NOTES: Built as almshouses for the Ironmongers' Company in 1715, these buildings were saved from demolition in 1913 and converted into the Geffrye Museum. Specializing in the English domestic interior, the museum opened to the public in 1914.
NOTES: The Hospital for aged or disabled soldiers and their wives was founded in 1571 by Robert Dudley, Earl of Leycester (Leicester). The medieval buildings which he acquired under charter from Queen Elizabeth I were the premises of the combined guilds of Holy Trinity and St George. The guilds had been created in the 14th century, but the premises must have been rebuilt in the 15th century. The Hospital continued to run under the terms of its original charter until 1956. The site comprises the medieval Hospital, the Chapel (built in 1383), reception rooms, living quarters (including the Master's House), a Guildhall (completed by 1450) and a Great Hall, all of which were extensively restored between 1956 and 1968.
NOTES: Henry de Blois, appointed Bishop of Winchester in 1129 at the age of 28, founded the Hospital of St Cross in 1136, which consisted of a church with hospital buildings on the south side. It is England's oldest charitable institution. The Almshouse of Noble Poverty was added by Cardinal Beaufort within a few years of 1445.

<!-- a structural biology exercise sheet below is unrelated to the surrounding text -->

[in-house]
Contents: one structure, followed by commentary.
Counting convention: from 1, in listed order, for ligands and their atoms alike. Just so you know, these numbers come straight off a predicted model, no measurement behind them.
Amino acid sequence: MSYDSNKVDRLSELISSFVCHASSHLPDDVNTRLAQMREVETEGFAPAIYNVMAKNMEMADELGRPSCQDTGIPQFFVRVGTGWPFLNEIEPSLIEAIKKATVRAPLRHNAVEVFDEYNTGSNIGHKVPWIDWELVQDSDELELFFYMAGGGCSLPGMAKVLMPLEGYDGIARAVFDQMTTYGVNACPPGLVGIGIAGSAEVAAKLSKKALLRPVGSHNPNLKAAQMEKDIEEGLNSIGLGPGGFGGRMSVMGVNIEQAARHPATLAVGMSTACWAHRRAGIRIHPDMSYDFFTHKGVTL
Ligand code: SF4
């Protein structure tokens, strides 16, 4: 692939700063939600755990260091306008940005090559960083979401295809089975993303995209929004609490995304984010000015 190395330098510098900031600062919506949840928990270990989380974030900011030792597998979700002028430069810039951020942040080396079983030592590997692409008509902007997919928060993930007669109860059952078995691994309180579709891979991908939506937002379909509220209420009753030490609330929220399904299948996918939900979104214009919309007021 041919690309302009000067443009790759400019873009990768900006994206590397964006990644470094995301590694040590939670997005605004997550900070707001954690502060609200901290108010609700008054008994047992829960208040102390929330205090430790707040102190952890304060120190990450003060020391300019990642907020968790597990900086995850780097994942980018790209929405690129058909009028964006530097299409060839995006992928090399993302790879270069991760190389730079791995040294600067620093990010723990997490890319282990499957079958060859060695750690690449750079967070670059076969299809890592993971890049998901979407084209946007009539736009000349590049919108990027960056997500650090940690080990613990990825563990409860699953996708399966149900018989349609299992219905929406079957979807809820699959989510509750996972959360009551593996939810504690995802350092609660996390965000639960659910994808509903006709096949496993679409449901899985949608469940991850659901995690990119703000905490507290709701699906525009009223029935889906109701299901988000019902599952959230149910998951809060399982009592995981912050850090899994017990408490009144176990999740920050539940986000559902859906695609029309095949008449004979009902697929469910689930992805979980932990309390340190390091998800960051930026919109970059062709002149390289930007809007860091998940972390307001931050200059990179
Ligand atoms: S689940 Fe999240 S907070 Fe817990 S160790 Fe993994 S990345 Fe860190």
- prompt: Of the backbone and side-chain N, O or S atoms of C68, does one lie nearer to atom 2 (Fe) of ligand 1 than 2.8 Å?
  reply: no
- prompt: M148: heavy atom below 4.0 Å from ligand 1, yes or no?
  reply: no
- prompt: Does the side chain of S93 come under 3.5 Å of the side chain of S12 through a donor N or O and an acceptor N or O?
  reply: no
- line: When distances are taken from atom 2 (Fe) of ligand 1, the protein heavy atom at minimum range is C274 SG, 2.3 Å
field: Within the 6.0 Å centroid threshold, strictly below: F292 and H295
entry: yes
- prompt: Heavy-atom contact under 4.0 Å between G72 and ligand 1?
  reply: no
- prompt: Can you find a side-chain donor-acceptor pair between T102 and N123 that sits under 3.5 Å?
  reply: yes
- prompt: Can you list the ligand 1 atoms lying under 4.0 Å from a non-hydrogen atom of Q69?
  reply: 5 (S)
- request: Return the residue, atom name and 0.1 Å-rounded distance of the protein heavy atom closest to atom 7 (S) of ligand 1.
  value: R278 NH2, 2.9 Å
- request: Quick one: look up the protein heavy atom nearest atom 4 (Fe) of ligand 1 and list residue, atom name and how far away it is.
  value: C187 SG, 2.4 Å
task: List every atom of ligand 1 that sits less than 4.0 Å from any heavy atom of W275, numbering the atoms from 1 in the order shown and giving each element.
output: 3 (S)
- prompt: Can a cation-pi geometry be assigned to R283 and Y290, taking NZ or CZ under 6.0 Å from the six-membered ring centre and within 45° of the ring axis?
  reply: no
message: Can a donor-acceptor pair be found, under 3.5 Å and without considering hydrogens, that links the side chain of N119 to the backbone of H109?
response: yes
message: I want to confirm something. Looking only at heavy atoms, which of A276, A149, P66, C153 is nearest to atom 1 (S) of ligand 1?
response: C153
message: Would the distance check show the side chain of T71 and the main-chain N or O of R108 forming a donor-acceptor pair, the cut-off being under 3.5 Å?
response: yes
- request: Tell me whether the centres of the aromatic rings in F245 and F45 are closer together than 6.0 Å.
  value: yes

NOTES: The Guild Chapel, rebuilt in the 1490s, was the original meeting place of the Gild of the Holy Cross, founded before 1269. The Grammar School was built in 1417 as the Guildhall of the Gild and was where the corporation met up to the 19th century. The Upper Guildhall became the town's school room in 1553, when King Edward VI entrusted the former Guild's School to the corporation. The almshouses were also built by the Gild as a hospice for its retired members and dependents and date to c. 1427.